Today I had an interesting short conversation with a guy who asked me if I was still practicing martial arts. I replied I did, and invited him to check-out the class. He told me he would, but a car accident injury was limiting his movements.. It didn’t came to mind then, but i should have said “so what? If you get assaulted, the criminal won’t care about your injury.” Actually, a criminal would rather seek an injured prey. People with disabilities should be the first ones to learn self-defense. The problem is that most martial art styles are not good for self-defense, even though they vehemently pretend to be. They may also refuse a disabled student because of liability. Another problem is that those styles often have a rigid teaching method developed in medieval Japan, where disabilities were, to say the least, frowned upon. A visible disability has the advantage of surprise, if nothing else.
I started Systema after a bad motorcycle accident during which I broke my femur, and dislocated my shoulder. I couldn’t afford reeducation, and decided to go to the “Russian Combat Academy” in Sarasota.. I had no idea what to expect, but let me tell you, the name tells it all. I barely made it up the stairs. I asked the instructor, an ex Spetsnaz operator, if I could practice, because I was injured. He replied something to the effect that he couldn’ t care less about my injuries (in a more flowery language I can’ t quite recall). There wasn’t much I could do for the first few weeks.. But then I got better.. My leg doesn’t bother me much anymore, except when I try to run. One more reason to learn self-defense, because I can’t run away!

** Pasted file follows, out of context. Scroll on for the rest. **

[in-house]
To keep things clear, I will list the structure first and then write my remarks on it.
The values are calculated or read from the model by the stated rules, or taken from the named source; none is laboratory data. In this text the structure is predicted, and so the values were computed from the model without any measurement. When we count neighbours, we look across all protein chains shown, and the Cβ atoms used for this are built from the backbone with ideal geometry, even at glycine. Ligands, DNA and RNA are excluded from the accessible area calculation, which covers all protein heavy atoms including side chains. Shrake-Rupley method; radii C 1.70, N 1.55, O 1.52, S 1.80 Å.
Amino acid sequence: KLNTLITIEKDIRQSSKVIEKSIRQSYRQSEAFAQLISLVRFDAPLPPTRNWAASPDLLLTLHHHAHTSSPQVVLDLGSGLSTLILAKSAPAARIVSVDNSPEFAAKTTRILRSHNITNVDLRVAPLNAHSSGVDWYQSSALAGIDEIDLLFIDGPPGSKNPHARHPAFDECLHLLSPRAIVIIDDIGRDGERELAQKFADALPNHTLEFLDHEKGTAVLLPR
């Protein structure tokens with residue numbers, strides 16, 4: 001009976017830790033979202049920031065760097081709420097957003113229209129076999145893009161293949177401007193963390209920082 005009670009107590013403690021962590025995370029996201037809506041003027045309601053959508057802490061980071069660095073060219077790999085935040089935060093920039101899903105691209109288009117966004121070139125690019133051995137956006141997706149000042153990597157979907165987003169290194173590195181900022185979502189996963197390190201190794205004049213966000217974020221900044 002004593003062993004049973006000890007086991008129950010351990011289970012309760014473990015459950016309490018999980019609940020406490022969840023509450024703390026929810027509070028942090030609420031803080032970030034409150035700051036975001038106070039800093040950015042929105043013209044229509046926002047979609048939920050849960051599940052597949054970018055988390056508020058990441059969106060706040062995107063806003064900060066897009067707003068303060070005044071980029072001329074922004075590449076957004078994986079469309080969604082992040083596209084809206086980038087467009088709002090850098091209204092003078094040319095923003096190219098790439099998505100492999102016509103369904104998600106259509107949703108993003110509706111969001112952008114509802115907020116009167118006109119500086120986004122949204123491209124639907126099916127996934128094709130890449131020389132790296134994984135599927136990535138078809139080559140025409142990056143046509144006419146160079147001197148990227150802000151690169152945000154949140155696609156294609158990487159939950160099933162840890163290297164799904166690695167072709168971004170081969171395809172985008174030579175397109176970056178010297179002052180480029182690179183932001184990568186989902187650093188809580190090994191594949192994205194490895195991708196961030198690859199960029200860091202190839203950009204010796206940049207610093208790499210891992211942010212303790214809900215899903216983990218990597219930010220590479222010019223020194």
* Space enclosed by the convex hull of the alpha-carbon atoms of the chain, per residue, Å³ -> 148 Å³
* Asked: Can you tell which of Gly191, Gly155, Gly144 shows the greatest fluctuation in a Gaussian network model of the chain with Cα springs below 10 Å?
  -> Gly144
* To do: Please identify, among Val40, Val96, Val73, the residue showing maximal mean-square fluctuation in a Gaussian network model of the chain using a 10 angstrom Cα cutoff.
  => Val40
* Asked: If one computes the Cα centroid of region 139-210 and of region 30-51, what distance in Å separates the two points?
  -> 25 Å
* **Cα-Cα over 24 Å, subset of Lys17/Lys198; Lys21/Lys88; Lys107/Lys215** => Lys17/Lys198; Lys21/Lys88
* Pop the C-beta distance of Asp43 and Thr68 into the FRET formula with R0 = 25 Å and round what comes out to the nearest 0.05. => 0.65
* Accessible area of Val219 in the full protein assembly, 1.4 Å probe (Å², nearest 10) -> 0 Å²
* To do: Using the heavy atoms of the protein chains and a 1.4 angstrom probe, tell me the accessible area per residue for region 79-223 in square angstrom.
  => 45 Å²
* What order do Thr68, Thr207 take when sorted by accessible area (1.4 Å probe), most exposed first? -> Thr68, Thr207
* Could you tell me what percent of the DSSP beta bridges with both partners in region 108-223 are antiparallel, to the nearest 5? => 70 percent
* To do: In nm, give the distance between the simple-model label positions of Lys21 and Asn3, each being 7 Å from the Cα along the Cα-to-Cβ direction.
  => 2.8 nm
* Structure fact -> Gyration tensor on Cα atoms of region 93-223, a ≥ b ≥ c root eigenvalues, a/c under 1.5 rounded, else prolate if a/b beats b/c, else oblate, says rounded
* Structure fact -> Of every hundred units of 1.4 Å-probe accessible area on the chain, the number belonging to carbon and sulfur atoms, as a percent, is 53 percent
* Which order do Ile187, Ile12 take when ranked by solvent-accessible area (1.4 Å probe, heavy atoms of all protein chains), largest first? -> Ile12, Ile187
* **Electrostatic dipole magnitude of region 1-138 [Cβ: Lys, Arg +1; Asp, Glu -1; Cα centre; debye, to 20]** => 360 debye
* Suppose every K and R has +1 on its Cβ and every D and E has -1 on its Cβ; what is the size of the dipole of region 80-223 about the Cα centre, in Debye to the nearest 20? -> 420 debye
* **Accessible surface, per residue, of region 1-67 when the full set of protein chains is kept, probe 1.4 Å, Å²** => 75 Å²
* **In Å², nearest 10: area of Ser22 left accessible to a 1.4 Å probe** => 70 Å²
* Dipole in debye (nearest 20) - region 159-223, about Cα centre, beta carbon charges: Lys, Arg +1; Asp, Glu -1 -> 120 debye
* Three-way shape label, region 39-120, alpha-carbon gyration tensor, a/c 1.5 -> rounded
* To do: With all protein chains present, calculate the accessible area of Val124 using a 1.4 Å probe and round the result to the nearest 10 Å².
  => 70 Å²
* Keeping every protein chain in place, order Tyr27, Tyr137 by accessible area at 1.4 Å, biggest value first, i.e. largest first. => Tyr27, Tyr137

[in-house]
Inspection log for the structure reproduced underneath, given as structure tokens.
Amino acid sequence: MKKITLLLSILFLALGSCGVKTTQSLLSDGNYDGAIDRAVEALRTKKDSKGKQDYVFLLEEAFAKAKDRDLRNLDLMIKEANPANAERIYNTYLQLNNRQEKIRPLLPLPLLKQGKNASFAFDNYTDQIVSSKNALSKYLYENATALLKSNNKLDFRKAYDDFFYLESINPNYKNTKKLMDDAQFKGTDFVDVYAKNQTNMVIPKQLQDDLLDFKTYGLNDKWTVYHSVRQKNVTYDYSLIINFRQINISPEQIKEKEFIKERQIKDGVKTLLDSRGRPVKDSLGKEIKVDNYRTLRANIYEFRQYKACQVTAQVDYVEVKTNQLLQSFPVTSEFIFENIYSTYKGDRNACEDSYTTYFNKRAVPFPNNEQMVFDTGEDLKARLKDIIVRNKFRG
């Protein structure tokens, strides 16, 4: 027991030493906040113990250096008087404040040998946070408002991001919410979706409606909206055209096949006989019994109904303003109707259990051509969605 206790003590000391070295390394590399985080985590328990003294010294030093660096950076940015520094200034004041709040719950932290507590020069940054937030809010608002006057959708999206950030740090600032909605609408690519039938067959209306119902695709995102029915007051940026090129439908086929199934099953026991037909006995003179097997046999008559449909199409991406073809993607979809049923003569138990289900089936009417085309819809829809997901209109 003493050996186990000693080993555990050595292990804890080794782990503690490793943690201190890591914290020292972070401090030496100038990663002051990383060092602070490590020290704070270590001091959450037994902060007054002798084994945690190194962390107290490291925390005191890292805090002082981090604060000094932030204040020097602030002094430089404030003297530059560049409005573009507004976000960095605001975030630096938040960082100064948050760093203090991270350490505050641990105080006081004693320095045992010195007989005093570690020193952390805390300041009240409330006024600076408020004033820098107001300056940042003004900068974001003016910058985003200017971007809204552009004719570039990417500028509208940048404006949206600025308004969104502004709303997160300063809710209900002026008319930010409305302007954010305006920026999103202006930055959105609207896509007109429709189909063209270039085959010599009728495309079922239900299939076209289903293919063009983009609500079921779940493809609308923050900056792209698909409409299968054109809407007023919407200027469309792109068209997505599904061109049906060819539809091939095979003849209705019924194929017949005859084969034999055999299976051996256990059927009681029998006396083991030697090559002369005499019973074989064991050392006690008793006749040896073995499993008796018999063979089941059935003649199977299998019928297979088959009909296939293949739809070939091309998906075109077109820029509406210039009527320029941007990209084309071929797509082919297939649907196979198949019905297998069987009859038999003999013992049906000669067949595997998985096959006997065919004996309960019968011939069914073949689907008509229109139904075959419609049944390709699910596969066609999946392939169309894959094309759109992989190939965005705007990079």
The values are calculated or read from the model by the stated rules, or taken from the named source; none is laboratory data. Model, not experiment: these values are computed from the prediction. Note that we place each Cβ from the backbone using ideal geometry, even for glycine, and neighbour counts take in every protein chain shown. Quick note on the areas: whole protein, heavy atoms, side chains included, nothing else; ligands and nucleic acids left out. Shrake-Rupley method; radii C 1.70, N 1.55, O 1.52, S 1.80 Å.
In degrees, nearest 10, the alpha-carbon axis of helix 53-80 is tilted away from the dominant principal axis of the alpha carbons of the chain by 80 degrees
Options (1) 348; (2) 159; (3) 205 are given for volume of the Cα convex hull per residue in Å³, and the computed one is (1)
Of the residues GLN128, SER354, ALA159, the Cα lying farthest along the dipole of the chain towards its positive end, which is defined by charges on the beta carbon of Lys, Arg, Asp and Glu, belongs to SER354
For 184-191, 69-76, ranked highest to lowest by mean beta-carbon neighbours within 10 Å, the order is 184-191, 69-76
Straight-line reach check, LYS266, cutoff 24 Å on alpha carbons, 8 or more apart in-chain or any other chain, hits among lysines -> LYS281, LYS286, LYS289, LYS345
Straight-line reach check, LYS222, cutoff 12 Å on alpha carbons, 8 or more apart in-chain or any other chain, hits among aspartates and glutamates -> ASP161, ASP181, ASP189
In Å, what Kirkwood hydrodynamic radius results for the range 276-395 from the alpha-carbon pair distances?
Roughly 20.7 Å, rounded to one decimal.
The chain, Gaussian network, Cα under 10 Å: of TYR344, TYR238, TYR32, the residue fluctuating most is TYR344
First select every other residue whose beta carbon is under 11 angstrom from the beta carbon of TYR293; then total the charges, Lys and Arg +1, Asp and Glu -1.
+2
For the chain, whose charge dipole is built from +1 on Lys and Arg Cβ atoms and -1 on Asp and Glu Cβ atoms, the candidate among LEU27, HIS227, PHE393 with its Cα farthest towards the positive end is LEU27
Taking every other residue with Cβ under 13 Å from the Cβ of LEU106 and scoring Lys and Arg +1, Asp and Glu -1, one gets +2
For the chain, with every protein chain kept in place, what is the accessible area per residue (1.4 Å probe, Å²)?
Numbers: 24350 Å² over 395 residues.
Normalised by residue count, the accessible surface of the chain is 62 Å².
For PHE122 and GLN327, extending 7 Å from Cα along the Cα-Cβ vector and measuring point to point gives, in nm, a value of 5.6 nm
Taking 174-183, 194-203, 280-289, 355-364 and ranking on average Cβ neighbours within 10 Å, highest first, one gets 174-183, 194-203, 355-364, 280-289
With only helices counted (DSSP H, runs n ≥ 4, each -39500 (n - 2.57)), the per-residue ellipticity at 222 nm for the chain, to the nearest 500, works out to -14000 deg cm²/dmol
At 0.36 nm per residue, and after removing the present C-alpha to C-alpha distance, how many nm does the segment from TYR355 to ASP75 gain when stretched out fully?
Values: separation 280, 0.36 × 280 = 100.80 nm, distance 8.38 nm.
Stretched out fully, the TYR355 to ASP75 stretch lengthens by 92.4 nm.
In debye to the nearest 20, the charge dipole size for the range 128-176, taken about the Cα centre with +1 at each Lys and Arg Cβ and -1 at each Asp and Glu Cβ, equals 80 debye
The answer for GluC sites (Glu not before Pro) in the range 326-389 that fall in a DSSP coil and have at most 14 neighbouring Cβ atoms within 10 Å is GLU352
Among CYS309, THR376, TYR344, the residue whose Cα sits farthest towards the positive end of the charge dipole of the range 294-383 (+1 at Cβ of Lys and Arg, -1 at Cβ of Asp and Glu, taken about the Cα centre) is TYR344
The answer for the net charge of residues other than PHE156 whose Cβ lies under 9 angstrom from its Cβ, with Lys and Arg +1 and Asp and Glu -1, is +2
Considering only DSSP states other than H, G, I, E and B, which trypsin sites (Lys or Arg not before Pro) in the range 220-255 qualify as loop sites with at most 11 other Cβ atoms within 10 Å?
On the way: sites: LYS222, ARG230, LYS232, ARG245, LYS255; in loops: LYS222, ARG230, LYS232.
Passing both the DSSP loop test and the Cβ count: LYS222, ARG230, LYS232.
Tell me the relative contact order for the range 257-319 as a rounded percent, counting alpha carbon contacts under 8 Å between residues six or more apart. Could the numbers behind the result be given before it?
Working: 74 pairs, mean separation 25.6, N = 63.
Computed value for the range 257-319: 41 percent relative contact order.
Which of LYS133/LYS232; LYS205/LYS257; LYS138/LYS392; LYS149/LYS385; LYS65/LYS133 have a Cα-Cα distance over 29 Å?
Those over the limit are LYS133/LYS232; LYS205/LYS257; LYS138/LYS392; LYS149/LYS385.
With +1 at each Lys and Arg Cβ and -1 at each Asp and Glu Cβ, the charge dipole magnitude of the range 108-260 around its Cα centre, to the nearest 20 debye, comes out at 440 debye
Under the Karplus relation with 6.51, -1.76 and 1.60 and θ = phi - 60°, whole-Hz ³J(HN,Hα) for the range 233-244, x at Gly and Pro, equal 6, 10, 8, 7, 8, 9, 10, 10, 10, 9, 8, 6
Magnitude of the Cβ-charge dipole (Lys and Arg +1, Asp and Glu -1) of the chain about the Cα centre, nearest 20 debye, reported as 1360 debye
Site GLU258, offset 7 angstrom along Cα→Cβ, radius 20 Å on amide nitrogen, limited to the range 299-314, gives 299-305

The most difficult thing for a disabled student is to find the right instructor, and to some extent, the right style and school. If the atmosphere of the school is competitive, forget it, you wouldn’t have fun. Having fun training is what keeps you going, at least for me it is. Some schools will be glad to take you in, and promise you a black belt in under two years, just pay the fee, you’ll get it soon or later, and will be able to practice with all the other black belts, including twelve year olds.. Run away! As we say in Systema, a black belt covers only three inches of your ass.
So, if you have injuries or disabilities, you have more reasons to train than anyone else. I am sure you could find creative ways to use those crutches or that wheel-chair..